Yoga & Ayurveda: Finding the Right Practice for You

Friday morning’s YaYaYoga is a great place to take a bit of yoga from the asana (movement) practice to conversations about yoga (life in general). This past Friday, we talked about some of the aspects of “doing yoga” that might not be so healthy or even harmful. Let’s talk about this.

First, all yoga isn’t the same and thinking that it is can get into trouble. If we assume that all yoga is “yoga” and that all yoga is a healing practice, we’re going to be disappointed. Yoga tends to get lumped together into one big group of, well, “yoga”. Yoga for a healthy, fit human body is very different from yoga for an unbalanced, unfit, and maybe not-so-healthy human body.

Maybe you’re recovering from an injury, or you’re “feeling your age”, or struggling with life stresses, or dealing with depression/anxiety, or trauma, or addiction recovery, or dealing with a chronic illness, or whatever and your doctor, or someone else, says: “Yoga might help.”

What does that mean? The above examples are very different with very different needs.

You go to the first yoga class you see that fits your schedule and it feels awful. You decide that yoga is not going to work for you. People suggest yoga again and you say, “I tried that, it was awful.” You may not be getting something that could be super supportive because you didn’t get all the information you needed to make an informed decision (or even had a clue there’s different yogas).

Maybe you went to a class intended for students to challenge themselves to discover how far they can take variations of poses and you needed to nurture an injury. Maybe you went to a yoga class to sweat out excess gunk (depleting) and you needed restful/nourishing (building) yoga. Maybe you found a class that adds beer or goats to cultivate fun/conversation/giggles and you needed to learn to listen to your own mind. All potentially great yoga classes, but not what these examples need.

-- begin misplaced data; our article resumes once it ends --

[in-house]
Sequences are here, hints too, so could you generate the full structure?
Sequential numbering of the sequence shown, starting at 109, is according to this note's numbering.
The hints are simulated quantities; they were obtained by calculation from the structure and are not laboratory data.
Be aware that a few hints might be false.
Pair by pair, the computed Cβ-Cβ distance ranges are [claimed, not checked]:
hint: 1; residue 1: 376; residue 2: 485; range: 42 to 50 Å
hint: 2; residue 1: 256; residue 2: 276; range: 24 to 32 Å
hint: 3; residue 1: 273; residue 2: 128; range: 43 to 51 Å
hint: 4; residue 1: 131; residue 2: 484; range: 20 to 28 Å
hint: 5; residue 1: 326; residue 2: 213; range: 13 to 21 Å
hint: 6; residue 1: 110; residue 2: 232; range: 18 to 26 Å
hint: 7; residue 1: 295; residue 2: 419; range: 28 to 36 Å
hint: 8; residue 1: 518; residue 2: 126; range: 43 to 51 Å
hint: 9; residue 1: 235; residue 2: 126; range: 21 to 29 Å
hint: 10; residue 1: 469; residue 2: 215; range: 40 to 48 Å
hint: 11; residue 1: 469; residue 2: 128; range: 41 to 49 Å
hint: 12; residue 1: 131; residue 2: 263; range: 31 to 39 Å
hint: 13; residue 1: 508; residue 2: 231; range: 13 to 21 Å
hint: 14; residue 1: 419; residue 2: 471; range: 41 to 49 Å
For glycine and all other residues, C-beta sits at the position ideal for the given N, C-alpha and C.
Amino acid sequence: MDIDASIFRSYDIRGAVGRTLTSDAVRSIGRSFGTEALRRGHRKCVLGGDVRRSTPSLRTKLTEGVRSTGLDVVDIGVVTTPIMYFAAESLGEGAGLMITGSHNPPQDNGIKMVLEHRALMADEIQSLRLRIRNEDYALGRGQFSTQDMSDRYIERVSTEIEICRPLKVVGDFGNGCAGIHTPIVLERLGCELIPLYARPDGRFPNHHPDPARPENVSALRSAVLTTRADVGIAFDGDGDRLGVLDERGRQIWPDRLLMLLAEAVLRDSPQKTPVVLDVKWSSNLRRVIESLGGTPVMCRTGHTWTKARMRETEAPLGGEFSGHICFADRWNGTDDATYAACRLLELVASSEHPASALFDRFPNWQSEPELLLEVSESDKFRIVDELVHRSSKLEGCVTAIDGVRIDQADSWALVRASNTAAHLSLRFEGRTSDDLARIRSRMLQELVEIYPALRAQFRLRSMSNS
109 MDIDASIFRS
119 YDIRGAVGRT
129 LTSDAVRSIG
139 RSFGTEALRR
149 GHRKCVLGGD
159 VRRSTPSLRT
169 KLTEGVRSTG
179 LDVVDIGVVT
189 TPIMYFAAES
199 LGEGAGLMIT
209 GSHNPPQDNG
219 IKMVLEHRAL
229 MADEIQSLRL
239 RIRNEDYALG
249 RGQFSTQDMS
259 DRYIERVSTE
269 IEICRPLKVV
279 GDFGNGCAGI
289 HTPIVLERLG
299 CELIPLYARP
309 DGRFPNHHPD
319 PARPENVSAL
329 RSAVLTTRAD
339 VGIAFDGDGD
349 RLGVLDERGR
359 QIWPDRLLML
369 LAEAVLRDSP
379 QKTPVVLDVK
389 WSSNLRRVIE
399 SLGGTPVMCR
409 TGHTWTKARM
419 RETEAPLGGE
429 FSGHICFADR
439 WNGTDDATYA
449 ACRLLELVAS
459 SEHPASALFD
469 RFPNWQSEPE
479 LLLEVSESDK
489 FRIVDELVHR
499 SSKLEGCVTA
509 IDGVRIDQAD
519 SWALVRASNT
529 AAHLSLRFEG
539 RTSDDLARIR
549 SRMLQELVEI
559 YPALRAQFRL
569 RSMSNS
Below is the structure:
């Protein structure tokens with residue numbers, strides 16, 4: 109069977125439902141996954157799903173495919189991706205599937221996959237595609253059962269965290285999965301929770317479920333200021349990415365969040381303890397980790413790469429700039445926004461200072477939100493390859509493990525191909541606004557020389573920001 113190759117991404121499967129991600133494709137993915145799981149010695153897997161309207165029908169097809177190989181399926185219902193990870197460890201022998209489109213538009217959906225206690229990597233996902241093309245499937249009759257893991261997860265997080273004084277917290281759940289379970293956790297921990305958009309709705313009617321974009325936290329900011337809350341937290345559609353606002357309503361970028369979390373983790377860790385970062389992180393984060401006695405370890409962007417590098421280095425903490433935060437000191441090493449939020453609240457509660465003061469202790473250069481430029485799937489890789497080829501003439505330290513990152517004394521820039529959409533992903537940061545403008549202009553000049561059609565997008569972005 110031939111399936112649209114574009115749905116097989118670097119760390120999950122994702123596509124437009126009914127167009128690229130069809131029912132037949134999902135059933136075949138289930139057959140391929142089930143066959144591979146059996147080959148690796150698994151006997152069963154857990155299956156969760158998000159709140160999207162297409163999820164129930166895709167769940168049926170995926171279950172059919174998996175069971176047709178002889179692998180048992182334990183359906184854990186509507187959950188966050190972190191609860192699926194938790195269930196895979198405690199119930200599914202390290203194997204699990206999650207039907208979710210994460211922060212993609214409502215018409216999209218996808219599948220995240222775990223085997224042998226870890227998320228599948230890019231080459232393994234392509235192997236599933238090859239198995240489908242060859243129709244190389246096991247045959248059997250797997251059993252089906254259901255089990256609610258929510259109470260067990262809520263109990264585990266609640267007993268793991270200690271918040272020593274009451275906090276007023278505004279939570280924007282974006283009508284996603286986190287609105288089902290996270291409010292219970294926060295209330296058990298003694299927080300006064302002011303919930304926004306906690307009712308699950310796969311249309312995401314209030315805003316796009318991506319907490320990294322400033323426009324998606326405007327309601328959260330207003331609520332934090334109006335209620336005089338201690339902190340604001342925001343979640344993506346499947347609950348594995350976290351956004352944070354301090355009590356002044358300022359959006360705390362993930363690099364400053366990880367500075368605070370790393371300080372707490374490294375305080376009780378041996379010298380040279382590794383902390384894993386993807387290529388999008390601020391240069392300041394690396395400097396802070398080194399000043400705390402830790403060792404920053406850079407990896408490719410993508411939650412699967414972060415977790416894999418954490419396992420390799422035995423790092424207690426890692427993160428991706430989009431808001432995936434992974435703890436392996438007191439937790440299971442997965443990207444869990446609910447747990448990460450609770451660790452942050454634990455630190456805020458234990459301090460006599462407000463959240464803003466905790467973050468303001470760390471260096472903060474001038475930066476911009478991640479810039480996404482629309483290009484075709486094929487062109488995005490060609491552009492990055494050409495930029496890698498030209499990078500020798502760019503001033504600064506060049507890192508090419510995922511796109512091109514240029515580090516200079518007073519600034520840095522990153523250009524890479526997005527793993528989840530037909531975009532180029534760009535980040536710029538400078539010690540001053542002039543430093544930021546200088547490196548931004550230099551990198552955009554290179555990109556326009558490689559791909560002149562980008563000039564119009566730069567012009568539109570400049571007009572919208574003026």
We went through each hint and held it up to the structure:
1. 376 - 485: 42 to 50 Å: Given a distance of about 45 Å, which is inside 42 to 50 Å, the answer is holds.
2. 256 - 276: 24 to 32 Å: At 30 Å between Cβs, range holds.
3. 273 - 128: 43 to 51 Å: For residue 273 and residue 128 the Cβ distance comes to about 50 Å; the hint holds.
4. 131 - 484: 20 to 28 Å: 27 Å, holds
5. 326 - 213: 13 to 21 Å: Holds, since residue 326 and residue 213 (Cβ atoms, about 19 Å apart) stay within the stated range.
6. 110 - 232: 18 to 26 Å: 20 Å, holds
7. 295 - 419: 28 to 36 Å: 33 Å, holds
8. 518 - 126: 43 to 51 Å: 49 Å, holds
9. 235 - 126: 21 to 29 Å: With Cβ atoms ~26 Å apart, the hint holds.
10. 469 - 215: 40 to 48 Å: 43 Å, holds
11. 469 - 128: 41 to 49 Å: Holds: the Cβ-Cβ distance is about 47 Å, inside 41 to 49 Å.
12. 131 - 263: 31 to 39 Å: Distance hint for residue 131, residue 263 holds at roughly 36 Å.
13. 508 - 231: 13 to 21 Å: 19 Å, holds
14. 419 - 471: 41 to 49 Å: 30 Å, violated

All yoga is not the same.

This is why I love the complementary practices of yoga and Ayurveda. For me, Ayurveda is what turns yoga into a healing practice. I feel that without Ayurveda, you’ve only got half of the picture…they are complementary sciences/practices. Although I also firmly believe that yoga itself is for everyone…you simply have to find the right teacher, the right class, and the right daily practice support your needs. That’s going to be different for each of us; we’re each unique. We’ll talk about blending Ayurveda tips with yoga in another post that’s right behind this one (Aging with your Yoga Practice is coming).

A few questions to ask yourself: what are you looking for in your practice? Are you coming into a class to recover from injury? Then the class that challenges you to see how far you can take a pose is probably not your class. If you’re feeling depleted and stressed a hot, sweaty yoga class can potentially deplete you more, which means your body will be even more stressed. If you’re looking to explore the meditative side of yoga for inner peace, then a lively beer or goat yoga is probably not what you need.

The other thing about yoga, is that absolutely you can hurt yourself in it. If we pretend it’s only going to heal and never hurt, we’re not actually looking at the social media, advertising of yoga. Those deep poses can hurt. Learning to do them can cause injury. Doing yoga wrong can have long term damaging effects, just like any other “sport”. Overdoing it to get somewhere can be not so good.

Back to healing, here are some hints for your practice: Find the right teacher for your needs. Find the right frame of mind and find the right practice for you (remember, we don’t do yoga, we practice yoga).

Find your Edge, the mental and physical. The body doesn’t lie, but you have to learn to listen to it. If you feel tingling, pain, or you think you might be overstretching, you’ve passed your healthy Edge. It might be a misalignment (especially tingling; the next Yoga and Ayurveda Blog Post will talk more about this) so come out of the pose and realign. It might be something stuck: tension or knots, so come out and realign. When in doubt release a pose and come back into, maybe not quite so deeply or come out of it completely and rest in another pose/seat. I promise you, the poses will be there and you will find a better, more healthy, version of the pose if you don’t force it.

Ease back…yoga is a lifelong practice not a temporary goal. That’s Ego. That’s Obsession. That’s not healthy. How you practice yoga is as important, if not more so, than everything else (that’s another blog post: How You Practice). Even if you have no other choice than to attend a class that doesn’t quite suit your needs, modify to meet your needs. You don’t have to do what’s being offered and you never have to accept an assist (yoga teachers are trained NOT to be offended if you decline, truly, it won’t upset them). It’s your practice.

It’s your practice!!!

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